Employee Referral Programs Using More Social Media

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Several months ago, I wrote a piece encouraging companies to emplower their employees to use social media to spread the news of their Employee Referral Programs.  Since then, there have been many organizations who have done just that; empowered their employees by giving them excellent social referral tools.  Todd Rafael of ERE highlights a handful below.

Employee Referral Programs Using More Social Media

Employee referrals and social recruiting, which already began melding throughJobviteCachinko, and other tools, are growing even closer as new vendors enter the field and corporations test how well their jobs spread on Facebook and other sites. Jobster has tried this all before, as did H3. But their mixed success did not mark the end of an era, but rather a foreshadowing of what was to come.

A New York startup called Referrio is quietly entering this niche. On that site, Cisco, for example, lists 11 jobs and is offering about $2,500 per job for people who fill the openings by spreading the word through social media sites or email.

Meanwhile, Virginia Mason Medical Center has set up a “grab this widget” tool for employees to share the organization’s jobs. The Seattle-area nonprofit needs to fill adirector of nursing informatics jobIT jobs for people with Cerner experience, and more.

Bernard Hodes helped it develop the widget, which recruiters and some Virginia Mason employees are putting on their Facebook pages and elsewhere. But a big push to get employees to add it to their sites is yet to come. First, the center needs to set up a social media policy. ”We’re a little bit new to all of this,” says strategic recruitment specialist Carol Altschul. “I think it’s kind of happening a little backwards. The social media (widget) set up, then the policy created. Right now it’s just kind of growing organically. We’re getting our feet wet.”

At Enterprise Rent-A-Car, employees are adding widgets about company jobs to their personal Facebook pages, and getting paid if the widgets result in a hire, which, I hear, a couple have. Hyatt is testing a widget developed by NAS; Hyatt employees will be listing Hyatt jobs on their Facebook pages and sending them out to friends via Facebook.

At Banner Health, the Phoenix and Western U.S. nonprofit, experienced nurses and occupational/speech/physical therapists are among the highest in demandMichael Seaver, sourcing program manager, said there was “unreal” interest when the 36,000-employee organization moved to an electronic employee referral system two months ago. About 1,500 people referred candidates in about a month. This was not a social media campaign per se, but that’s likely coming soon. Banner, with help from CKR Interactive, is working on how it’ll incorporate its 16 Facebook pages, 16 Twitter accounts, and YouTube account into employee referrals. Banner was until recently in a transition phase, acquiring other organizations. Now, it is “focusing on the people we have,” says Seaver, and will make it easier for those people to refer others.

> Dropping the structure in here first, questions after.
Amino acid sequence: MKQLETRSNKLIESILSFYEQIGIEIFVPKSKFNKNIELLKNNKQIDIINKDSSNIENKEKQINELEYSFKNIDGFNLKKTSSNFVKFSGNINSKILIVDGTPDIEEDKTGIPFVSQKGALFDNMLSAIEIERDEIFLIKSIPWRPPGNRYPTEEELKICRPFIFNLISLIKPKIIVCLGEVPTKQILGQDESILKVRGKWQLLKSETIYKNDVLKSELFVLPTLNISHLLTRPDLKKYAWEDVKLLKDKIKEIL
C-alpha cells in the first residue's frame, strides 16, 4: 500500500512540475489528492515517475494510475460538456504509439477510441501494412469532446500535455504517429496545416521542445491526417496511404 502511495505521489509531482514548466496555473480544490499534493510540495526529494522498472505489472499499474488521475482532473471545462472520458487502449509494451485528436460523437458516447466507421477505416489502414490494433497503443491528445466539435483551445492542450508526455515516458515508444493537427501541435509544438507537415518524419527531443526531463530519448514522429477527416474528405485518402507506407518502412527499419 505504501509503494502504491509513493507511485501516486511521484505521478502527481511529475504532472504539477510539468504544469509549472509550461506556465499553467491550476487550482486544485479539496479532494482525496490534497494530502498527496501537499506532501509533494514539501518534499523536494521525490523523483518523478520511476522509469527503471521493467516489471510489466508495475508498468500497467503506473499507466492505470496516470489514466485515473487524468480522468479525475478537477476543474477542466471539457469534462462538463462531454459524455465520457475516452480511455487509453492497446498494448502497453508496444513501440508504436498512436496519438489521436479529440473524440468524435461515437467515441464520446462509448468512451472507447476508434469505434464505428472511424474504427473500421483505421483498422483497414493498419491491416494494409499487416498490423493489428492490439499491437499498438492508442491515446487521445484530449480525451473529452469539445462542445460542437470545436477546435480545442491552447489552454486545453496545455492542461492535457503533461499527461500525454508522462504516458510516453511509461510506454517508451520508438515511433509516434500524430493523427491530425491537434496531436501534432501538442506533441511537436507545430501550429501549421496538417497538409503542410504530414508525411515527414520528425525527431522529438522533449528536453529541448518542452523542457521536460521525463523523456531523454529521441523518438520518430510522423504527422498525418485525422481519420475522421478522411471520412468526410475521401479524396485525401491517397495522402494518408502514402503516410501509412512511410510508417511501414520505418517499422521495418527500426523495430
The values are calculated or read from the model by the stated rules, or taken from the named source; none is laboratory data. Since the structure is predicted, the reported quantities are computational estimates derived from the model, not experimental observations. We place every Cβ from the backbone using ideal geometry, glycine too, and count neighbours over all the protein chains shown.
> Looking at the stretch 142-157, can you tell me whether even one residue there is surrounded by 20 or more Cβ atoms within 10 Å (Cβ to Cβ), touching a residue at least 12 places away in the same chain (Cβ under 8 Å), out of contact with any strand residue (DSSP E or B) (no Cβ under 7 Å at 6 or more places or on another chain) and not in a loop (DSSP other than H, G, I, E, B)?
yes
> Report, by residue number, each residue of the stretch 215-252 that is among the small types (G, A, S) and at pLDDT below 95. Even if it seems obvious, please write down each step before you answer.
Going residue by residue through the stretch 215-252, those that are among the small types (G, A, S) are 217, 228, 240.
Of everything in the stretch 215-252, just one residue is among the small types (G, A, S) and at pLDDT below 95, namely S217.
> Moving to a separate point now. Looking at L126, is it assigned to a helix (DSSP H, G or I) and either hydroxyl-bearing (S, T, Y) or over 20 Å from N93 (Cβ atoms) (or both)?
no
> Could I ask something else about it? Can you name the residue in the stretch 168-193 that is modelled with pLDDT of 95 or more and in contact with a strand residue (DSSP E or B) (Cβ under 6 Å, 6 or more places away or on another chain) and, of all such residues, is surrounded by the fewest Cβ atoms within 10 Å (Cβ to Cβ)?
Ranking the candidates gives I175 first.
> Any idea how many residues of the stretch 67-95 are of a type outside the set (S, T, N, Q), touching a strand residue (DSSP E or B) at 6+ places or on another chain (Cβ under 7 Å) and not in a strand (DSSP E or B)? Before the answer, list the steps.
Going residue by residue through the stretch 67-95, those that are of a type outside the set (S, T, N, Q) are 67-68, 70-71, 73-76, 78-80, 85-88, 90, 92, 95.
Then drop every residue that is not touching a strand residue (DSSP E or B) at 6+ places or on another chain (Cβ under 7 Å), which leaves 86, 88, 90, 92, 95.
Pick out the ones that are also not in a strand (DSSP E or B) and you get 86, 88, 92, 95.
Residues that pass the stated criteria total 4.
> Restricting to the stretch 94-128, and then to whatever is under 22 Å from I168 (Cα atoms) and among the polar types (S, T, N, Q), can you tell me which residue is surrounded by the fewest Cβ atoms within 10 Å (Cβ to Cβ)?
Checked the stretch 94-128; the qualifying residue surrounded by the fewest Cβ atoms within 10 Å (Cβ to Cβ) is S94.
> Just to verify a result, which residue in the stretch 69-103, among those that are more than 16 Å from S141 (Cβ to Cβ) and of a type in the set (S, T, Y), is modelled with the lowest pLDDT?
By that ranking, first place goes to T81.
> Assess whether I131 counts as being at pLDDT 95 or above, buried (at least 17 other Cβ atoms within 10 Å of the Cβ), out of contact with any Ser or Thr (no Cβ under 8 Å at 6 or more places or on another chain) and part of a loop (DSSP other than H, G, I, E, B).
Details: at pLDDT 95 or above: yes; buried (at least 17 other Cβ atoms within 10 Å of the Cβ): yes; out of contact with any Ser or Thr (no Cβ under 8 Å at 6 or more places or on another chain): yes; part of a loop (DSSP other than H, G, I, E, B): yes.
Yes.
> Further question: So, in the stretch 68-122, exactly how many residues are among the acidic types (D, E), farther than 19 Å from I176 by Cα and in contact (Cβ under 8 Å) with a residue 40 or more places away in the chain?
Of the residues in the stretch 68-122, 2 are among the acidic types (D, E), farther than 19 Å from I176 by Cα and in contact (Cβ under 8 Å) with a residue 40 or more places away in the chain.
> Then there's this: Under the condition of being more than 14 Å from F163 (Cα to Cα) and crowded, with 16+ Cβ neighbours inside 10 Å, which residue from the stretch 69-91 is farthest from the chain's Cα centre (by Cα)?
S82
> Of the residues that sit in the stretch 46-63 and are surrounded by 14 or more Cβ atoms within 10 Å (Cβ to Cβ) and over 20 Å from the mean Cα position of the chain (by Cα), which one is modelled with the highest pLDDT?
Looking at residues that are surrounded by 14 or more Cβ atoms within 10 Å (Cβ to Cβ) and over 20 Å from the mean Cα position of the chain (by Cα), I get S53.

One sign of the employee-referral times is that SelectMinds, a company mainly known for its work on alumni networks for corporations, is moving deeper into the referral world.

Michael Mallin, the SelectMinds VP of product management, believes that “innovation stalled” a bit during the recession, which “created an opportunity to do something quickly.” That something is a tool that melds employee referrals with social media. Jobster, Mallin believes, had the right idea, but was simply ahead of its time, just before the real explosion in social media. He says that Jobvite (whose success with TiVo I wrote about in the Journal of Corporate Recruiting Leadership) has a good handle on small and mid-size companies, particularly those that want to use Jobvite as their talent acquisition system, but that SelectMinds’ relationship with large firms, like the biggest accounting companies, will help its referral program succeed.

SelectMinds is planning on having a couple of its clients do a free beta of the referral product for two or three months, starting probably in July. For companies that pay, Mallin says it’ll cost about $2,500 per month for companies with up to a few thousand employees, and higher for the largest firms. Pricing varies based on the number of people you make “referrers.”

What happens with SelectMinds is that an automated (or manual, if a recruiter wishes to select some employees to send it to) email goes out to people who might be able to help fill a job. Let’s say hypothetically we’re talking about a software job at Nationwide, and that the job is in Dayton, Ohio. An automated email about the job opening might go out to 1) Nationwide employees in any region who are in IT jobs, and 2) all Nationwide employees in Dayton. The SelectMinds email allows employees to either email selected contacts on LinkedIn, Facebook, and Twitter to tell them about the job, or update their LinkedIn and Facebook statuses (and soon Twitter, just not on the demo I saw) with info on the job. The chain of link-forwarding gets tracked as it moves around online, and the employee either gets the whole referral kitty, or can share part of it with a second person, depending on how the company sets it all up.

The employee who’s doing the referring can tell their company, via a short form, how well they know their friend, and what they think of them. The referring employee also gets emails notifying them if their contact has expressed interest in the job.